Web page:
I am currently attending the 2010 International Meeting of the Association for Tropical Biology and Conservation (ATBC) in Sanur, Bali (Indonesia). As I did a few weeks ago at the ICCB in Canada, I’m tweeting and blogging my way through.
Yesterday I attended a talk by my good friend Trish Shanley (formerly of CIFOR) where she highlighted the disconnect between conservation research and actual conservation. I’ve posted about this before (see Out of touch, impractical and irrelevant & Make your conservation PhD relevant), but this was a sobering reminder of how conservation research can be a self-perpetuating phenomenon and often not touch the people who need it most.
Presenting the highlights of her paper published earlier this year in Biotropica entitled Out of the loop: why research rarely reaches policy makers and the public and what can be done, one comment she made during the talk that really caught my attention was the following (I’m paraphrasing, of course).
Most of the world’s poor living off the land are unconcerned about biodiversity per se. As conservationists we should not therefore adopt the typical preamble that biodiversity (e.g., forests) represent the “lungs of our planet” – what people (and especially women) need to know is how biodiversity loss affects “food for my children”.
“Ensuring rigor and scientific validity of unpublished research by independent, qualified experts through the peer-review process has crucial benefits as a means to guarantee scientific quality and is a foundation of modern science”.
Trish goes on to discuss a lot of the subtleties of publishing and why the culture among scientists is what it is, but I won’t dwell on that here (I recommend you actually read the paper). However, they do provide some excellent suggestions for better information dissemination for a range of groups that should be repeated. Here they are:
Research and academic institutions
- Restructure institutional incentive structures to take into account actual ‘impact’ rather than solely ‘high impact’ journals. Create incentives to invest in dissemination and an expanded range of research products.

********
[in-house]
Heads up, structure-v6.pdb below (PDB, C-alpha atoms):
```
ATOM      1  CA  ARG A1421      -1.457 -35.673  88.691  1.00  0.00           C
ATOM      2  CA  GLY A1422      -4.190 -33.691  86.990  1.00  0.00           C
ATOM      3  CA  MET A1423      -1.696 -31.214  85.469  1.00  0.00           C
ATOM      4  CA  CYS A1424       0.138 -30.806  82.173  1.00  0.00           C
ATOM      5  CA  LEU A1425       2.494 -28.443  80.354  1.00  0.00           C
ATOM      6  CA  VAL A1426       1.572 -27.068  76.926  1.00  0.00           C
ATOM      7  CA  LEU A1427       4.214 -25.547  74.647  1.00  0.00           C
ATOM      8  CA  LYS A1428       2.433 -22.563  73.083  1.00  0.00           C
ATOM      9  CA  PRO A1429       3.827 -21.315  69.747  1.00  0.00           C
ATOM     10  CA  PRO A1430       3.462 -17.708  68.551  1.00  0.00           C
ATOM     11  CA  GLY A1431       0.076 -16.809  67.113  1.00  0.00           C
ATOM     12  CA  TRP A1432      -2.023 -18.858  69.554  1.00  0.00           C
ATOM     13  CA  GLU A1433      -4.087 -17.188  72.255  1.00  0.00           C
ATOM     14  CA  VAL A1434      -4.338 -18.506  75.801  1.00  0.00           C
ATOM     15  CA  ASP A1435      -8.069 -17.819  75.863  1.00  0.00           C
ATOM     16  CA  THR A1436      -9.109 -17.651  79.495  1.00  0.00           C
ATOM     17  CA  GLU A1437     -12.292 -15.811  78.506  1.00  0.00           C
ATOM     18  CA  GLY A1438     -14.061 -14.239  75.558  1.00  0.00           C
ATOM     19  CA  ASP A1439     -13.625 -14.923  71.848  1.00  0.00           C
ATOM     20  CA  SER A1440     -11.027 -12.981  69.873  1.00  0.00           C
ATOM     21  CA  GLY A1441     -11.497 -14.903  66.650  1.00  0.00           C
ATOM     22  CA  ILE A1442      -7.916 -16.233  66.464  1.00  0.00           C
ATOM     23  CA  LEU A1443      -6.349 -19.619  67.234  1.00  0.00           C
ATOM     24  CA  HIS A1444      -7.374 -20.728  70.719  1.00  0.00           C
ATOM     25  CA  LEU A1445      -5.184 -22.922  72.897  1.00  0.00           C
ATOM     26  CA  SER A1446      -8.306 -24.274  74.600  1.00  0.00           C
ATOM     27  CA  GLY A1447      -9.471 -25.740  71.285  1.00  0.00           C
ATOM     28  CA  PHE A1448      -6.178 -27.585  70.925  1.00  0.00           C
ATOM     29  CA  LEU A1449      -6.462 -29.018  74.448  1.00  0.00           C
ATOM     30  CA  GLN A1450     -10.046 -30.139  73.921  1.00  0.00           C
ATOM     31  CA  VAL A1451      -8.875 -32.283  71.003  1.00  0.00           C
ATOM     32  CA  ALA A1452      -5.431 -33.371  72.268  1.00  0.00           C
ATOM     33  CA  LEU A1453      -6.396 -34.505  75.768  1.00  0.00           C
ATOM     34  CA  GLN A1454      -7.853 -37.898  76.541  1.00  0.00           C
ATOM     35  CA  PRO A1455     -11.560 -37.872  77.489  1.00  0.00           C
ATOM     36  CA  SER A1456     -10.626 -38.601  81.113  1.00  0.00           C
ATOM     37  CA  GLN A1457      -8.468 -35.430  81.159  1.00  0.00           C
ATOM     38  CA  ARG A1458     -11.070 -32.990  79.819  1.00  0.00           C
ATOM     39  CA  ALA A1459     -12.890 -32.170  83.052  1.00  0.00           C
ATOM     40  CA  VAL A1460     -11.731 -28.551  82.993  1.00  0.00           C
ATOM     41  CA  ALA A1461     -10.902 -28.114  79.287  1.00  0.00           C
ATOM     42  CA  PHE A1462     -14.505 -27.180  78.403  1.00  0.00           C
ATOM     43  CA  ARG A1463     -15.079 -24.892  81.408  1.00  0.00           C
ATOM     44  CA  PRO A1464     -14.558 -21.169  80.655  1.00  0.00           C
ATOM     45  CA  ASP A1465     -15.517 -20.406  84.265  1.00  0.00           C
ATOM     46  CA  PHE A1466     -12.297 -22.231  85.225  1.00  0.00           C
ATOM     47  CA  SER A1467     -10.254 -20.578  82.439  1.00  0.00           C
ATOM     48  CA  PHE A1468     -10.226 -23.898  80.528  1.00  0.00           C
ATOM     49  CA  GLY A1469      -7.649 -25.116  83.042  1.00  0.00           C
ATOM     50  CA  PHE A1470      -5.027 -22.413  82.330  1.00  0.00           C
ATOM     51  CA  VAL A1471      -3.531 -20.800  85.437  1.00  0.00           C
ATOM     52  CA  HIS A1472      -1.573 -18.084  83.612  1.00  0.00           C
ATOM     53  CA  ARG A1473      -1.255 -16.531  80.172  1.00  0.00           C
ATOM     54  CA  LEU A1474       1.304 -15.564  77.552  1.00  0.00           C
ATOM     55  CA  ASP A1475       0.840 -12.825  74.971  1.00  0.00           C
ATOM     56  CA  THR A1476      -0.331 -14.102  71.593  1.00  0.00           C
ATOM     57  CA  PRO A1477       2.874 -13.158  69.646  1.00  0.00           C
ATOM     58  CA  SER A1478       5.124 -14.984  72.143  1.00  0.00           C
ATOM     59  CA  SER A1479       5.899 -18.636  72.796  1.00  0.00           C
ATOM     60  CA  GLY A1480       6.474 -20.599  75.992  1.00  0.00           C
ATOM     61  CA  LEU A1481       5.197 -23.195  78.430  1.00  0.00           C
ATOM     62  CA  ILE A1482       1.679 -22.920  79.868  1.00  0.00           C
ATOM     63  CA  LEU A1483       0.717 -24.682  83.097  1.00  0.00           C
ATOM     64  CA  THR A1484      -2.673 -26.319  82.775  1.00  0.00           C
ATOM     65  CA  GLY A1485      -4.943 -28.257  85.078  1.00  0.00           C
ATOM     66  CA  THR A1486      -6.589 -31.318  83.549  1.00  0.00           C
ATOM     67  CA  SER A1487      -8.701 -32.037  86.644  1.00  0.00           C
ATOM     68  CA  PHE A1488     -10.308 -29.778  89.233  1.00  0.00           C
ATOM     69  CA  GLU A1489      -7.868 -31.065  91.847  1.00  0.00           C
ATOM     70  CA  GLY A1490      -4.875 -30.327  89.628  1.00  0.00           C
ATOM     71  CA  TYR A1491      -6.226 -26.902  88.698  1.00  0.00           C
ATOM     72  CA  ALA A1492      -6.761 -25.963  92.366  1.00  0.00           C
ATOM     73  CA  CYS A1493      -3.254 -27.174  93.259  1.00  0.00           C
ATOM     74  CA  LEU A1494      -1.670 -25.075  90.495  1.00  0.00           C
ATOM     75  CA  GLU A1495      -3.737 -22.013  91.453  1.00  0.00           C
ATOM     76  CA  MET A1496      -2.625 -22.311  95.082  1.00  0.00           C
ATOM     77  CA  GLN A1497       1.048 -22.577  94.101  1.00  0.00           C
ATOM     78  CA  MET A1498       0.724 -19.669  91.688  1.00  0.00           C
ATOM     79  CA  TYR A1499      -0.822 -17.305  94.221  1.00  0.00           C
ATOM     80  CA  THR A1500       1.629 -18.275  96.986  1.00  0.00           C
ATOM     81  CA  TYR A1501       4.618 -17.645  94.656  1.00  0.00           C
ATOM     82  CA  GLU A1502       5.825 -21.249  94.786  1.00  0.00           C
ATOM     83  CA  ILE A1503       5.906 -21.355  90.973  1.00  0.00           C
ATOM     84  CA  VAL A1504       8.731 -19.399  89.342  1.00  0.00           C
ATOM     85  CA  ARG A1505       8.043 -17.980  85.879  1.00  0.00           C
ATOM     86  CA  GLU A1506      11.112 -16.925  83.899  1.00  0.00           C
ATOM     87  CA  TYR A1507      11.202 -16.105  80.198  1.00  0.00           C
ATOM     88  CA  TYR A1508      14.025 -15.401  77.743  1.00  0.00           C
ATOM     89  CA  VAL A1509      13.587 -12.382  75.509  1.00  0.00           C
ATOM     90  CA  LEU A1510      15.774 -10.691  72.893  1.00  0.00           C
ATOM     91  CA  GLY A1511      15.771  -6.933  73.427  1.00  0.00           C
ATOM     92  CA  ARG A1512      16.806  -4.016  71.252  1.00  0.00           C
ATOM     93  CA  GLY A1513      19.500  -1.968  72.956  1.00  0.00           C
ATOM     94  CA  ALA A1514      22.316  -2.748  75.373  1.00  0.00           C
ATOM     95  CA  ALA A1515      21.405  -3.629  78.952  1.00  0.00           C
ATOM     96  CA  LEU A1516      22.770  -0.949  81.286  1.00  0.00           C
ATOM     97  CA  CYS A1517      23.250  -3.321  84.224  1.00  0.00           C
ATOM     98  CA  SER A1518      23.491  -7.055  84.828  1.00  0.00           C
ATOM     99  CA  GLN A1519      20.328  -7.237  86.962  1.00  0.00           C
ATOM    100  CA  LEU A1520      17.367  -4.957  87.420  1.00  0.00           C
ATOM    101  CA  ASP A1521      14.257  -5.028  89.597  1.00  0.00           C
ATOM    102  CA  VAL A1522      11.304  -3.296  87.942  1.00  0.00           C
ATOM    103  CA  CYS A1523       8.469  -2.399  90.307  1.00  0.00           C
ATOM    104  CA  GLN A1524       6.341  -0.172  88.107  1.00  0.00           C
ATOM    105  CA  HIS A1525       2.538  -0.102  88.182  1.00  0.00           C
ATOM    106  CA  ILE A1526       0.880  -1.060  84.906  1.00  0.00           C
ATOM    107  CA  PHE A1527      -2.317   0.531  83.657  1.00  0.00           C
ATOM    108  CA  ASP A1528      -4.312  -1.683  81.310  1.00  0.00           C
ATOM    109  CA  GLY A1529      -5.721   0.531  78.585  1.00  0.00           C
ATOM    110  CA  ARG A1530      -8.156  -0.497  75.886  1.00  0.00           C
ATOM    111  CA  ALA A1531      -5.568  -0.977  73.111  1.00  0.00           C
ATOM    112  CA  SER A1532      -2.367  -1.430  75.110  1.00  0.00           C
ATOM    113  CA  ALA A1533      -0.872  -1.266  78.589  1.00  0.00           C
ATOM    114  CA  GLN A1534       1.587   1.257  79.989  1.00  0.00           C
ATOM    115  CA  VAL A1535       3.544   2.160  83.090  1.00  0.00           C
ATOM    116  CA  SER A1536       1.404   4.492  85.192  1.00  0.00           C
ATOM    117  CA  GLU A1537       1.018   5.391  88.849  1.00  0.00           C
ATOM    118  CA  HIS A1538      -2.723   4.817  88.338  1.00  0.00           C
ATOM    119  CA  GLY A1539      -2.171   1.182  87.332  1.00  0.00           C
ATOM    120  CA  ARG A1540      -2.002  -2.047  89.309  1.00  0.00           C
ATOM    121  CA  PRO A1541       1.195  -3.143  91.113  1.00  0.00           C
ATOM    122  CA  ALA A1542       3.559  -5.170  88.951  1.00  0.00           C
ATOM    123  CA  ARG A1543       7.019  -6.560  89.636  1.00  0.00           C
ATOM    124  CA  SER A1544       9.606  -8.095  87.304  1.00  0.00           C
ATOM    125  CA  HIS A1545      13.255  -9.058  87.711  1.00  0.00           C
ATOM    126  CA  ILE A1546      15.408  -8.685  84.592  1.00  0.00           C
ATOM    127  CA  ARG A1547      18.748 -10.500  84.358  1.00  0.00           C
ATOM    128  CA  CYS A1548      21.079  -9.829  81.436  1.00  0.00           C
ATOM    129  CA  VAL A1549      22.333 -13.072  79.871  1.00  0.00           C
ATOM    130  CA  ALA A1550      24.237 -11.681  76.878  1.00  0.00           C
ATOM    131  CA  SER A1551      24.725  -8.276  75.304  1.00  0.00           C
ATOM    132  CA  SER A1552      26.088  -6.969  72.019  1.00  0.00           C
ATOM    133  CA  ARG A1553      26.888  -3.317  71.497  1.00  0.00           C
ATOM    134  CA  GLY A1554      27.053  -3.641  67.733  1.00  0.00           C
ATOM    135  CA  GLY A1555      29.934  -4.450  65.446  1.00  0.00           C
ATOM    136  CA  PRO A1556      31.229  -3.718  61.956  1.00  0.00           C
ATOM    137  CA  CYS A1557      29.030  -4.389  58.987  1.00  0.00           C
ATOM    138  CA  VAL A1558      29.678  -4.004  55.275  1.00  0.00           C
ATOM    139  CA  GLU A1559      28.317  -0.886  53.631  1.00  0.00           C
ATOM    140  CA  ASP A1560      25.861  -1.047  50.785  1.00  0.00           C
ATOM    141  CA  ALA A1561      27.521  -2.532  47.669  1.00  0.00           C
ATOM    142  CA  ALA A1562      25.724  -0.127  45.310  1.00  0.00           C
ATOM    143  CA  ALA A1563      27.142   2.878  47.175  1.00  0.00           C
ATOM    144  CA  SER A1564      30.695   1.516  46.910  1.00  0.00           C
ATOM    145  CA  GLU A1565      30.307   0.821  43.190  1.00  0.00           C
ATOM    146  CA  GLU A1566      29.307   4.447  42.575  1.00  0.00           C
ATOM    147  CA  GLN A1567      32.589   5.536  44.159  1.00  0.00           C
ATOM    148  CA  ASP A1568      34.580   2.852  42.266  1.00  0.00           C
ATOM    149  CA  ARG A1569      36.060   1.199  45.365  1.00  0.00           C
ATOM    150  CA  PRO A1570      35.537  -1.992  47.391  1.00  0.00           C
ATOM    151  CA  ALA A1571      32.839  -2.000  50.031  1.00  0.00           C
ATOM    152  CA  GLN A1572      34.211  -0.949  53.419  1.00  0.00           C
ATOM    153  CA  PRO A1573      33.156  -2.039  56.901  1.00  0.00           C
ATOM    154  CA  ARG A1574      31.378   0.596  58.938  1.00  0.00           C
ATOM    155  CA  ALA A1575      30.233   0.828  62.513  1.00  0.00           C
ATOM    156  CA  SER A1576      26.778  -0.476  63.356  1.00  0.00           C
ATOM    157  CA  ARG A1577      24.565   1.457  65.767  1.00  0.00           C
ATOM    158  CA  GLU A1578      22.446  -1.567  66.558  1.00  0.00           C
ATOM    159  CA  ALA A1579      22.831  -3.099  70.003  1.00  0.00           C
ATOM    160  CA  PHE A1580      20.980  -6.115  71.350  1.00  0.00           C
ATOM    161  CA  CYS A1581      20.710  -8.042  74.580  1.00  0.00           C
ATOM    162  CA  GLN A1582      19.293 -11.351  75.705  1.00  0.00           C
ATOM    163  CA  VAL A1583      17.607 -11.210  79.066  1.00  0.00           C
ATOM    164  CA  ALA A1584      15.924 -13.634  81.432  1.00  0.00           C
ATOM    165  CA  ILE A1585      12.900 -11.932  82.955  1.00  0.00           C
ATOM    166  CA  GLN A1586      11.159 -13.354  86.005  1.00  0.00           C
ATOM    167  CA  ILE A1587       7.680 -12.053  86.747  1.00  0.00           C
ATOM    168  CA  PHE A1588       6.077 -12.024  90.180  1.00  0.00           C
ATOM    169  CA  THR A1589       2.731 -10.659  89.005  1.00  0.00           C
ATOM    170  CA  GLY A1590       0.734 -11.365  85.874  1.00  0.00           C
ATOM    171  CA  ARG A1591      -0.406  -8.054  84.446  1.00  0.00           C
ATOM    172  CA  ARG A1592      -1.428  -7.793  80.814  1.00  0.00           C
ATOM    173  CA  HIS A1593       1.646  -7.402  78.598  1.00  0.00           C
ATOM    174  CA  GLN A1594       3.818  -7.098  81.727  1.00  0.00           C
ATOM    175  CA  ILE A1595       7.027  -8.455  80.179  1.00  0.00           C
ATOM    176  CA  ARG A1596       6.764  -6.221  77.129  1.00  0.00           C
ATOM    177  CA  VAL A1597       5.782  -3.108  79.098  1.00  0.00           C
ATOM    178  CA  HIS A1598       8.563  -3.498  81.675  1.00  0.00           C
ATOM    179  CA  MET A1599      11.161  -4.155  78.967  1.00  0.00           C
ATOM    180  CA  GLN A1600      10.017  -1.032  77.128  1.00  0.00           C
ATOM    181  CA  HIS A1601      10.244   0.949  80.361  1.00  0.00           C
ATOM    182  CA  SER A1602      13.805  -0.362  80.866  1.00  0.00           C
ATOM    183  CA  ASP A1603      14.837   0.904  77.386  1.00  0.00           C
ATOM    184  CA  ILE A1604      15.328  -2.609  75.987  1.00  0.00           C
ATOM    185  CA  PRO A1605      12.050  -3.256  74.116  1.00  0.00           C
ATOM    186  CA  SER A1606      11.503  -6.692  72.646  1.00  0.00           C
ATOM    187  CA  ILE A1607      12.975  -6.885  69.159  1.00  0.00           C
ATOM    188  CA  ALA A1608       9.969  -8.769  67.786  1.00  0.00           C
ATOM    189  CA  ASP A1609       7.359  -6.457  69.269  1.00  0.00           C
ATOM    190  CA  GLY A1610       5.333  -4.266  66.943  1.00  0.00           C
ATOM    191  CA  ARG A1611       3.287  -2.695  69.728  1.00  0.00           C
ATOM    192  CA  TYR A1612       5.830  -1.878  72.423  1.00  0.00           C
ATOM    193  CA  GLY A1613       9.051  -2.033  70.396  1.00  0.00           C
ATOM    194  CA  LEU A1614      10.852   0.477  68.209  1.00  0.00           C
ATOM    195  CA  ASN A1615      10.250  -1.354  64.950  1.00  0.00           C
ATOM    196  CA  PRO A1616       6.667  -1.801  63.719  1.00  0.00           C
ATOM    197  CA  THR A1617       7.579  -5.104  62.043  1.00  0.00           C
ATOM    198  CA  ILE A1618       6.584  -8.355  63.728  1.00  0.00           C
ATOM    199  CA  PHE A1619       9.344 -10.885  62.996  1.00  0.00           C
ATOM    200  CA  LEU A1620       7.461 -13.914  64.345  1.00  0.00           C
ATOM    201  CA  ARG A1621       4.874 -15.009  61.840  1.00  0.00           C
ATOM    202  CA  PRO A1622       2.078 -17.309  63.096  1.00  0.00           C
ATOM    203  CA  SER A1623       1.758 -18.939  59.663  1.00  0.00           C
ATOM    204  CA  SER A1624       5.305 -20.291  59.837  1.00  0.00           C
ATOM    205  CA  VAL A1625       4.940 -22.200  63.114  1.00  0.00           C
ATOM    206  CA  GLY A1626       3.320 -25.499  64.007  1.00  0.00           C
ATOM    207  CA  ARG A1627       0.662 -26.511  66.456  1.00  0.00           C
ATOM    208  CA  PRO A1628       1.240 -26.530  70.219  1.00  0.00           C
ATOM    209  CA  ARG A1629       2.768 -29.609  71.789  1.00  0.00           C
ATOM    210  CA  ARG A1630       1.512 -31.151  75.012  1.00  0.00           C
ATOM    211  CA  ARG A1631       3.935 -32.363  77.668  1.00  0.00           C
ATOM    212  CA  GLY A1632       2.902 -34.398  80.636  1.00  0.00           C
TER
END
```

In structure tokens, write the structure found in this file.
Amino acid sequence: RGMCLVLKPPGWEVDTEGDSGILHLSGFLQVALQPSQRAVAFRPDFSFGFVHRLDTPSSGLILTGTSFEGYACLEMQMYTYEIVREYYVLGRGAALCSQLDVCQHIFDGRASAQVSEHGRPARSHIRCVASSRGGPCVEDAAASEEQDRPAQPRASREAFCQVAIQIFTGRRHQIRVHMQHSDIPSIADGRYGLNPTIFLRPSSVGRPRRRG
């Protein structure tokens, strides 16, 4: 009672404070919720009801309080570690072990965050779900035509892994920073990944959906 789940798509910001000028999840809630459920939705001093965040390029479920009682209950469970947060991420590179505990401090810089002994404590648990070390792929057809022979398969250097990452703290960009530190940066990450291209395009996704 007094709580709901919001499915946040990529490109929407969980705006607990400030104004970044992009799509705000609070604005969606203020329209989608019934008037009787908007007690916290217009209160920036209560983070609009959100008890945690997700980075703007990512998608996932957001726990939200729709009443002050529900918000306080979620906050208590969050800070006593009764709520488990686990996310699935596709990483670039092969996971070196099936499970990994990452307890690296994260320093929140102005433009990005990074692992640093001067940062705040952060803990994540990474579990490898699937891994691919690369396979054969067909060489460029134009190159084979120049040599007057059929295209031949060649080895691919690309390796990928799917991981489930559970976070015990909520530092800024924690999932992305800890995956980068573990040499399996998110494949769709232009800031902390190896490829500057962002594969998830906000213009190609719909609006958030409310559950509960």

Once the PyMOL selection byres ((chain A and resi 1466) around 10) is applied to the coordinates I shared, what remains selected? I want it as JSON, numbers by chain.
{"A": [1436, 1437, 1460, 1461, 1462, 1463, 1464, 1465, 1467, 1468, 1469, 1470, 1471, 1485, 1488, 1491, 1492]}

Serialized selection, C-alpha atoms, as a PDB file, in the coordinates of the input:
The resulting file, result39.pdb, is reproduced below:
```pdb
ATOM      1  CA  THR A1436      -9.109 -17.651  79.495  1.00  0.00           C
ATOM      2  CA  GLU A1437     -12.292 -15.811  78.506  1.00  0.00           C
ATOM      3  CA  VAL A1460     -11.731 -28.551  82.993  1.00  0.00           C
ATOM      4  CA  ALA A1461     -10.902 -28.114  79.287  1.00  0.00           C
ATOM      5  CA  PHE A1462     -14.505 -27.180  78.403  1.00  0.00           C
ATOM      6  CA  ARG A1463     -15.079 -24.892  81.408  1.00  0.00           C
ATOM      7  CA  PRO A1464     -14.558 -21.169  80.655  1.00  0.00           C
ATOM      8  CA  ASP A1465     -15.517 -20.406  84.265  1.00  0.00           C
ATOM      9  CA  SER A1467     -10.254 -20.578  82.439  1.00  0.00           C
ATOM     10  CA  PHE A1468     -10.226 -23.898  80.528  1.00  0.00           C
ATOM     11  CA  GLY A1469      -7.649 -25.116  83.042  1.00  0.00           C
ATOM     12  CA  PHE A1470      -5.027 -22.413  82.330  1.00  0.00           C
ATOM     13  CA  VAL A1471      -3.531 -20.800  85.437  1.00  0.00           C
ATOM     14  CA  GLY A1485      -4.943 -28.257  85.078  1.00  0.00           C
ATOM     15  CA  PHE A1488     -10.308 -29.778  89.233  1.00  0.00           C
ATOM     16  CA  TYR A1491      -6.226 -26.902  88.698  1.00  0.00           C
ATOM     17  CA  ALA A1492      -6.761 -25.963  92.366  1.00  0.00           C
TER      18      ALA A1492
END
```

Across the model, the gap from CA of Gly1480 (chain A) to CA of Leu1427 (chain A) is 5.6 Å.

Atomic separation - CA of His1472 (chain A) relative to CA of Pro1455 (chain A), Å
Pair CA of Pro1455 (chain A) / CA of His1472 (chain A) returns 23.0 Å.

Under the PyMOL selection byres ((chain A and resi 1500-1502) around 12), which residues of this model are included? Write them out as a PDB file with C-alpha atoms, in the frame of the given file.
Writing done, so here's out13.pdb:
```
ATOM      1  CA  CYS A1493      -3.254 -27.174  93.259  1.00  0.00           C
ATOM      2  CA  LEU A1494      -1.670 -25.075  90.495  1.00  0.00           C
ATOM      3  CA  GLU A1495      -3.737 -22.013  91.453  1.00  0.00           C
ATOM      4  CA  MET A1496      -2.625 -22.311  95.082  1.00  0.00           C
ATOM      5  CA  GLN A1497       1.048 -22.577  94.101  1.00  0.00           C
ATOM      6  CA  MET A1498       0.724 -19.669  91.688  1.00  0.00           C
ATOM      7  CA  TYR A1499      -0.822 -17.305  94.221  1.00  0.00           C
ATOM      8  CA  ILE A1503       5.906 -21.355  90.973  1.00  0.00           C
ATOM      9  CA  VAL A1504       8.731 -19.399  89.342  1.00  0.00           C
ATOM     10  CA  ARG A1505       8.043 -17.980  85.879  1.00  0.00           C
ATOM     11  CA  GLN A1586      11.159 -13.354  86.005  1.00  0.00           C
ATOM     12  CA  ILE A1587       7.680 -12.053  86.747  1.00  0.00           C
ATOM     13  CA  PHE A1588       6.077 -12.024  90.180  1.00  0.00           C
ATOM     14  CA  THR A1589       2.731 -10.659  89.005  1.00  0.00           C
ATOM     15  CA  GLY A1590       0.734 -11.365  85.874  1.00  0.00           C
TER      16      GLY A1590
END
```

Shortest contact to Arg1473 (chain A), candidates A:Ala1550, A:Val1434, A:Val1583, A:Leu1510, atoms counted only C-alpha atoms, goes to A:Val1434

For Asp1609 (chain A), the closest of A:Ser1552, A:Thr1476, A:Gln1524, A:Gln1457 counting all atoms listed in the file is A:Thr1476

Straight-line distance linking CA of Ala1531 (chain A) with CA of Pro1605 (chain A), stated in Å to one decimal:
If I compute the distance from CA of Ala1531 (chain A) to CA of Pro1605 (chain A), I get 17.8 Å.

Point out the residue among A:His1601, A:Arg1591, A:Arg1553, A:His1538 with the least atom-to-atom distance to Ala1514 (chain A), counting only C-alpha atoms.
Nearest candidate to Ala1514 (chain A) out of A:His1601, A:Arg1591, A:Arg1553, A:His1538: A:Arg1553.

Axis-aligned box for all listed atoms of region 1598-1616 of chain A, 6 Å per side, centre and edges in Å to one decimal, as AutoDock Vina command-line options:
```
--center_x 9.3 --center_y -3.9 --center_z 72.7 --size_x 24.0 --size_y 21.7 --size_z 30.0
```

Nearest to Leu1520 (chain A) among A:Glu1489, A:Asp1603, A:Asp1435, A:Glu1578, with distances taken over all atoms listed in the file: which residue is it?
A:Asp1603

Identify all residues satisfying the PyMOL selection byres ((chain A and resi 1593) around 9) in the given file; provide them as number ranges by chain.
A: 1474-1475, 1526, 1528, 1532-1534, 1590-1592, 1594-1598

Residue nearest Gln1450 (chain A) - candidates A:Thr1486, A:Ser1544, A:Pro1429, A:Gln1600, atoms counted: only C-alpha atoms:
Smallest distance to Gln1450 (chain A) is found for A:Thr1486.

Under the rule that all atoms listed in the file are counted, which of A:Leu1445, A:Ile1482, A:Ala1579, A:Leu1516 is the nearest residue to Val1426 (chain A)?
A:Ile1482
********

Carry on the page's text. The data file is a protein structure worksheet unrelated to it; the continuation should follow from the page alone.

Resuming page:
- Expand use of nonacademic partnerships and channels to reach target audiences.
- Raise awareness and encourage within the organization social change agents, knowledge brokers and linkage mechanisms.
- In hiring, balance consideration of publication record with capabilities such as originality, creativity, commitment, depth of field experience and impact orientation.
Scientists and students
- Interact with stakeholders at various levels to ensure relevance of research questions and outputs at multiple scales. Identify uptake pathways as part of project design.
- Design projects to support the coproduction of knowledge to meet end users needs and aspirations. Integrate knowledge from the traditional, ecological and social sciences.
- Pay attention to socio-cultural context during the research process and in the content and packaging of research messages.
- Identify innovative partners and means of communication from technological to traditional
- Share and publish experiences regarding how research results have been ‘translated’ or used for a nonscientific audience
- Masters and Doctoral students can consider describing this process in one chapter of their dissertations
Journal editors and publishing organizations
- Challenge researchers to propose ways to evaluate the real impact of their work on the lives of their public, using a systemic evaluation process.
- Provide incentive to scientists to publish practitioner-oriented results and science of relevance to civil society.
- Publish special issues, sections and/or case studies highlighting interdisciplinary work. Break the language barrier by publishing ‘mirror’ papers: translations of the complete paper to the language where the research was undertaken.
- Recognize that sustainable change is a long-term process. Support longer term project time frames (4–10 yr) in which sufficient dialogue occurs at the initiation of projects.
- Expand proposal requirements to include the sharing of relevant research results in an accessible format to appropriate audiences.
- Verify that proposals designate sufficient funds for translation, printing, mailing costs and communication.
- Remember that originality often occurs at the fringes. Identify and support small but innovative, locally driven initiatives.
While I wouldn’t necessarily agree with all of these points, there is no doubt there are some pearls of wisdom within this list. Something to contemplate as you expand your research career.
I just want to leave you with one other morsel from Trish. Show a man the value of all the bushmeat he collected around tree of species x, and then compare that to the concession he’d receive for that tree from a logging company, it’ll be quite clear to him that the tree is worth more alive than dead (and by quite a bit too).
Shanley, P., & López, C. (2009). Out of the Loop: Why Research Rarely Reaches Policy Makers and the Public and What Can be Done Biotropica, 41 (5), 535-544 DOI: 10.1111/j.1744-7429.2009.00561.x